I was done though. I submitted my last pay roll form. My last stories had gone to press a week ago and the paper was already out. There’s nothing I can do for them anymore. I ignored the call. I let it ring and go to voice mail — after all, I was out to lunch with a friend so it would be rude to answer. Even if it was someone I knew, I would not have answered it. The people in front of me always have my undivided attention, always.

The red light lit on my phone. Now I had a voice mail from the mystery person.

I put off listening to the message the rest of the day, worried that it was someone complaining about one of my last stories. He didn’t like it. She thinks I have a fact wrong. They want me to run a correction. Different scenarios started building in my head.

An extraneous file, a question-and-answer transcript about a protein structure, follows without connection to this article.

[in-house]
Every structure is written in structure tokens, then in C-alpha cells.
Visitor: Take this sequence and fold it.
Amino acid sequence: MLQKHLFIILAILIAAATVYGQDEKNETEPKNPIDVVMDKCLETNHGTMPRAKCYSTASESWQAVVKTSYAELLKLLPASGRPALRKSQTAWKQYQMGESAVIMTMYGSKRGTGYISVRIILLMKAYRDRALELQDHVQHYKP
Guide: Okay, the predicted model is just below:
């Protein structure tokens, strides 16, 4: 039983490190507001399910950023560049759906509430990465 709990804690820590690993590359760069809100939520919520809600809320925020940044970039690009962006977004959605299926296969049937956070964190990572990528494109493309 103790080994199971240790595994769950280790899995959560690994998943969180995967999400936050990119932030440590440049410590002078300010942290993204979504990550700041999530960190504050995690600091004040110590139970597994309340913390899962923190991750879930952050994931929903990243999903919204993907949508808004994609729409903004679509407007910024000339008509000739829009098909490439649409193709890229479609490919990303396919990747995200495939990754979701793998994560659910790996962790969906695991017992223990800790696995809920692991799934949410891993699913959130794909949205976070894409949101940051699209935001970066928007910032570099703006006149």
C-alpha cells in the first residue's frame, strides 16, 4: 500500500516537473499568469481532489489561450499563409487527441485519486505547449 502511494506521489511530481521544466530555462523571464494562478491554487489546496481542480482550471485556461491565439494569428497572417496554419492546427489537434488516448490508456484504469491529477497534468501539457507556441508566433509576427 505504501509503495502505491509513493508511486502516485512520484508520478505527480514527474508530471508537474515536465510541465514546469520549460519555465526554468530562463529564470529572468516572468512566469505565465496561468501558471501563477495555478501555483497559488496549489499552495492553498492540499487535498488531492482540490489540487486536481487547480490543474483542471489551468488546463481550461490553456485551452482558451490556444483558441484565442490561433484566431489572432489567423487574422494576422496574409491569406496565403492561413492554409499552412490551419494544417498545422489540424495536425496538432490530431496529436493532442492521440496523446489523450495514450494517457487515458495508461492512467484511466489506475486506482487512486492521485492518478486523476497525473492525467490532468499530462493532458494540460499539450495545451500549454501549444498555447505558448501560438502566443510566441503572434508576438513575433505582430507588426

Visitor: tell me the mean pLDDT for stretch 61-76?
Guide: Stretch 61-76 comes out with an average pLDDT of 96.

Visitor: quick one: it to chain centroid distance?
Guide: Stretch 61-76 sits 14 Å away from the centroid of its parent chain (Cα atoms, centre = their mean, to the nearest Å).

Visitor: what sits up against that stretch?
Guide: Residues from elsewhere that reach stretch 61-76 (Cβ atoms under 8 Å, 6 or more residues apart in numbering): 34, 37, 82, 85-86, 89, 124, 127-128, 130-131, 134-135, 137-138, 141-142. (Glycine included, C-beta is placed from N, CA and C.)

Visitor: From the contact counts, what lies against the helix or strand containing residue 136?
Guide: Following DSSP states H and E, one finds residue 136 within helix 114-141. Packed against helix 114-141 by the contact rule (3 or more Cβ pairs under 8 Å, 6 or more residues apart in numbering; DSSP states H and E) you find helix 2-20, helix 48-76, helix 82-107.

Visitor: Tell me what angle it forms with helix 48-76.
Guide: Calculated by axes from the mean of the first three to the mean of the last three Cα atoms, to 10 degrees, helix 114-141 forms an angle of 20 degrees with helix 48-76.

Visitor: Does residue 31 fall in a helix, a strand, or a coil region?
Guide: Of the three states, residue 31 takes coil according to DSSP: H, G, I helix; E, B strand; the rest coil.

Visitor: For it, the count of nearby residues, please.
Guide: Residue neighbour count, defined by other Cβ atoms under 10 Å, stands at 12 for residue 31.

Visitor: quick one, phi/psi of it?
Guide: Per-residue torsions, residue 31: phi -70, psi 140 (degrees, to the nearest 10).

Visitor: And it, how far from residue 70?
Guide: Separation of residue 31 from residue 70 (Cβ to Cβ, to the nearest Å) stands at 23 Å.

When I arrived home later, I listened to the message.

It wasn’t bad at all.

One of the last stories I wrote was about how a grandfather started a scholarship fund for local kids to support them in the sport of hockey. His young grandson died in a riptide accident a few years ago and he did it to keep his grandson’s love for hockey alive and in memory of the young man. The mystery caller was the grandfather calling to thank me for the story, adding that he had made a lot of good connections with people wanting to help and donate because of it.

I just had to call back. I didn’t have to call back though, but I wanted to.

I told him I received the message and basically thanked him for thanking me.

Since “retiring” from reporting, in two separate incidents, friends have referred to me as “the journalist.” Maybe its in my mannerisms, in the way I act. I will always be “the journalist” of the group.